Kyle votes to purchase wastewater treatment plant

By Moses Leos III

The City of Kyle is taking steps to gain full control of its wastewater treatment plant, currently owned by Aqua Operations, as litigation continues between the two entities.

By a 6-0 vote Tuesday, the Kyle City Council moved to purchase the treatment plant, with the possibility of approving and executing an agreement with the terms of purchase by July. 

No dollar amount has been finalized, as negotiations are ongoing.  Kyle Mayor Todd Webster hopes the city can position itself on how to budget the plant during this budget session. 

The facility, located on the east side of IH-35 near the Waterleaf subdivision, is owned and operated by Aqua. Kyle owns the property the facility is located on.

Webster said the purchase of the plant has been in the works for “half a decade.” He was confident the city could cover the cost of taking over the plant.

“We’ve known it was coming, so there’s been an effort to prepare for it financially,” he said.

But the agreement may not end ongoing litigation between both entities. A portion of that stems from a 2012 spill that dumped 100,000 gallons of partially treated sewage into Plum Creek.

According to Webster, the move to purchase the plant was necessary, and that the city needs to “move on and move forward with dealing with that.”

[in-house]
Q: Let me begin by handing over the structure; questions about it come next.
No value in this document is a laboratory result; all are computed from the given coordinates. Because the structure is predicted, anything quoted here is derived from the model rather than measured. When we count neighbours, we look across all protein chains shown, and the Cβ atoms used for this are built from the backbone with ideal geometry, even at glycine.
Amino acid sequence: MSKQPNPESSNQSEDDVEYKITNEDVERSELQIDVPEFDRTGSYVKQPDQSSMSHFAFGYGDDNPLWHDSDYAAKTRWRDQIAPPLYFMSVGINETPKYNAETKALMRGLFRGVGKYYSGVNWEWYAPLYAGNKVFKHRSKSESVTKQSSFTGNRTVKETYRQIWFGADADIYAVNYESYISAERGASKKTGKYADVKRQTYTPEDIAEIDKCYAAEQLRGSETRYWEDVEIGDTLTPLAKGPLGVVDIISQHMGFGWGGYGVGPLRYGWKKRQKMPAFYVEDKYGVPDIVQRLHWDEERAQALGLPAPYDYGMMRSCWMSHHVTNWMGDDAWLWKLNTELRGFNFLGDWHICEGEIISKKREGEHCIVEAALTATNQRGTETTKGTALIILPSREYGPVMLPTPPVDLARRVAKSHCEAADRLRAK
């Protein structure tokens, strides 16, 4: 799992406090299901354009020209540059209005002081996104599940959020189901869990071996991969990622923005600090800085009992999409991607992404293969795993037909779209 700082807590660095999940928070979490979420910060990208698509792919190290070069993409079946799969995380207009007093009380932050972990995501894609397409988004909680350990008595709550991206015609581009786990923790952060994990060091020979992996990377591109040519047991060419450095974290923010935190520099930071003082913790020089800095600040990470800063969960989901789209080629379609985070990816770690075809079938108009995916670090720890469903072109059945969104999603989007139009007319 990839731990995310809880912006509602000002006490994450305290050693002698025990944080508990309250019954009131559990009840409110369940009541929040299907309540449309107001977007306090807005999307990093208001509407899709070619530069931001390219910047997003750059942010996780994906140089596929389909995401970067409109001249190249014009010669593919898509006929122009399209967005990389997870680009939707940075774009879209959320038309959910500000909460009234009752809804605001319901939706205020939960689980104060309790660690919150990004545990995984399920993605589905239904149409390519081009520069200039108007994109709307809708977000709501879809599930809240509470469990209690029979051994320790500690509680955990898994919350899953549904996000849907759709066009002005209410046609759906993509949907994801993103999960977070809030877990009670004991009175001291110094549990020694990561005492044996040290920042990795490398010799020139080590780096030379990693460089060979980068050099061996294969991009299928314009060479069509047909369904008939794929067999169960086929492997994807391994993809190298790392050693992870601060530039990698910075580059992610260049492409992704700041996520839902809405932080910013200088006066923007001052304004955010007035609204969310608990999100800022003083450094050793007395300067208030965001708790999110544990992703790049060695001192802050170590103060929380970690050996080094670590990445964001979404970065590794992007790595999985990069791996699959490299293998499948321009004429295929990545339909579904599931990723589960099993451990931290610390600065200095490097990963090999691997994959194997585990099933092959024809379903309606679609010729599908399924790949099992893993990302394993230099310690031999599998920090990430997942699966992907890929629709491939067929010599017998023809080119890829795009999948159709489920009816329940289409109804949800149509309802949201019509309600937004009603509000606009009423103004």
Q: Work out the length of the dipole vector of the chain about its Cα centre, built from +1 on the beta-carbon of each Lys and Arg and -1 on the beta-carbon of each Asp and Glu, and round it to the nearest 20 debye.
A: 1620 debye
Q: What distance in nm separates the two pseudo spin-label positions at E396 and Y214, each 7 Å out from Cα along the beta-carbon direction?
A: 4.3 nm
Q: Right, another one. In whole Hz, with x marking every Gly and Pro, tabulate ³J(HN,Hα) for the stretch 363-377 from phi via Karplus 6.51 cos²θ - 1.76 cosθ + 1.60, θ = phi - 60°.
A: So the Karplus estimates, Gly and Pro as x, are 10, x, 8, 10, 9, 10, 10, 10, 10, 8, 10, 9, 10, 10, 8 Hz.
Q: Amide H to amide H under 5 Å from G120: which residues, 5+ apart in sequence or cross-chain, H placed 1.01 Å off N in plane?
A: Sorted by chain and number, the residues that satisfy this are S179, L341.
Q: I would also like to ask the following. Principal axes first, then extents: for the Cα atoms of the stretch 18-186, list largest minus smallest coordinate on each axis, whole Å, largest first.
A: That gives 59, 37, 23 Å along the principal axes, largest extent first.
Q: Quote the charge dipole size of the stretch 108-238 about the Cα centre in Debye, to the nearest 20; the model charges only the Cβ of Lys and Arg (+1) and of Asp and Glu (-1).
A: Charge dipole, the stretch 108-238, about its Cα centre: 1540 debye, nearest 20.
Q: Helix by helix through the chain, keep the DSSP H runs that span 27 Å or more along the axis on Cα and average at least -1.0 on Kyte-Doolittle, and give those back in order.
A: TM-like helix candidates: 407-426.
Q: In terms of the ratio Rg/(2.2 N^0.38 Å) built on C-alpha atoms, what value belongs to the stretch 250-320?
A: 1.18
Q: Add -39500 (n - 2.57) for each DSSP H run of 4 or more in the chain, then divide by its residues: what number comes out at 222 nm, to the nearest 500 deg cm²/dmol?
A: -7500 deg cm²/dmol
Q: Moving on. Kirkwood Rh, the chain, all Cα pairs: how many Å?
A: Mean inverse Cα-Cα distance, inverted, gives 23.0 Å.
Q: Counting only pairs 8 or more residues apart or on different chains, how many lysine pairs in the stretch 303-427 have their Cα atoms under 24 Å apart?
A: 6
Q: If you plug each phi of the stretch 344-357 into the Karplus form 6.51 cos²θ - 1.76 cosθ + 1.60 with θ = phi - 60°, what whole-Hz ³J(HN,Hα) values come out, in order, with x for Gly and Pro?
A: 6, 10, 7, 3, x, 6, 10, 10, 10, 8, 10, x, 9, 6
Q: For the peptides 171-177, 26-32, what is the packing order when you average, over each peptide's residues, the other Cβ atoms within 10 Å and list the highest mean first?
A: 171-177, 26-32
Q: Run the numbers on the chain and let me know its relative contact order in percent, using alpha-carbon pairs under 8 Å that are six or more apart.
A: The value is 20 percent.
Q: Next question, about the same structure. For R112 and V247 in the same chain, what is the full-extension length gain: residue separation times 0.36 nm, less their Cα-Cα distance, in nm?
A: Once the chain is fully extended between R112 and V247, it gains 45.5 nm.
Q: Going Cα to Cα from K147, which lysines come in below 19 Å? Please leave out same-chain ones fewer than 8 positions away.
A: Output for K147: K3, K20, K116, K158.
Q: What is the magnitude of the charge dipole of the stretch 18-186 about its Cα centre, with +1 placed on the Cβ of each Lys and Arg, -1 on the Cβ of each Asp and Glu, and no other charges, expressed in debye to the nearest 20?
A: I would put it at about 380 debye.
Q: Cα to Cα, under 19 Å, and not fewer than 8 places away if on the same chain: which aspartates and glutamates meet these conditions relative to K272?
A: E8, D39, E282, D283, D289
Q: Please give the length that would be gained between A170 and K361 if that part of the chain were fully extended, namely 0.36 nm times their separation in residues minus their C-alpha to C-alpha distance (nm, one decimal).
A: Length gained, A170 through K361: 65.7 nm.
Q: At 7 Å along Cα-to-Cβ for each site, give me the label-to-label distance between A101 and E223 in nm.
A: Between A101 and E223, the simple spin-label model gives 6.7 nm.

Preparing for the future, primarily the need to improve and expand capacity of the plant, is the goal. Webster said it would allow the city to put itself in a position to plan and address its' wastewater treatment system.

“We need to add to our wastewater treatment plant,” Webster said. “Under our current structure, we’re hemmed in and we can’t do that.”

It’s one part of the city’s plan to improve infrastructure across town. According to Webster wastewater infrastructure improvements are a “big part” of City Manager Scott Seller’s proposed budget.

“The biggest thing that is going to constrain our ability to develop economically and grow as a community is addressing wastewater infrastructure,” Webster said.

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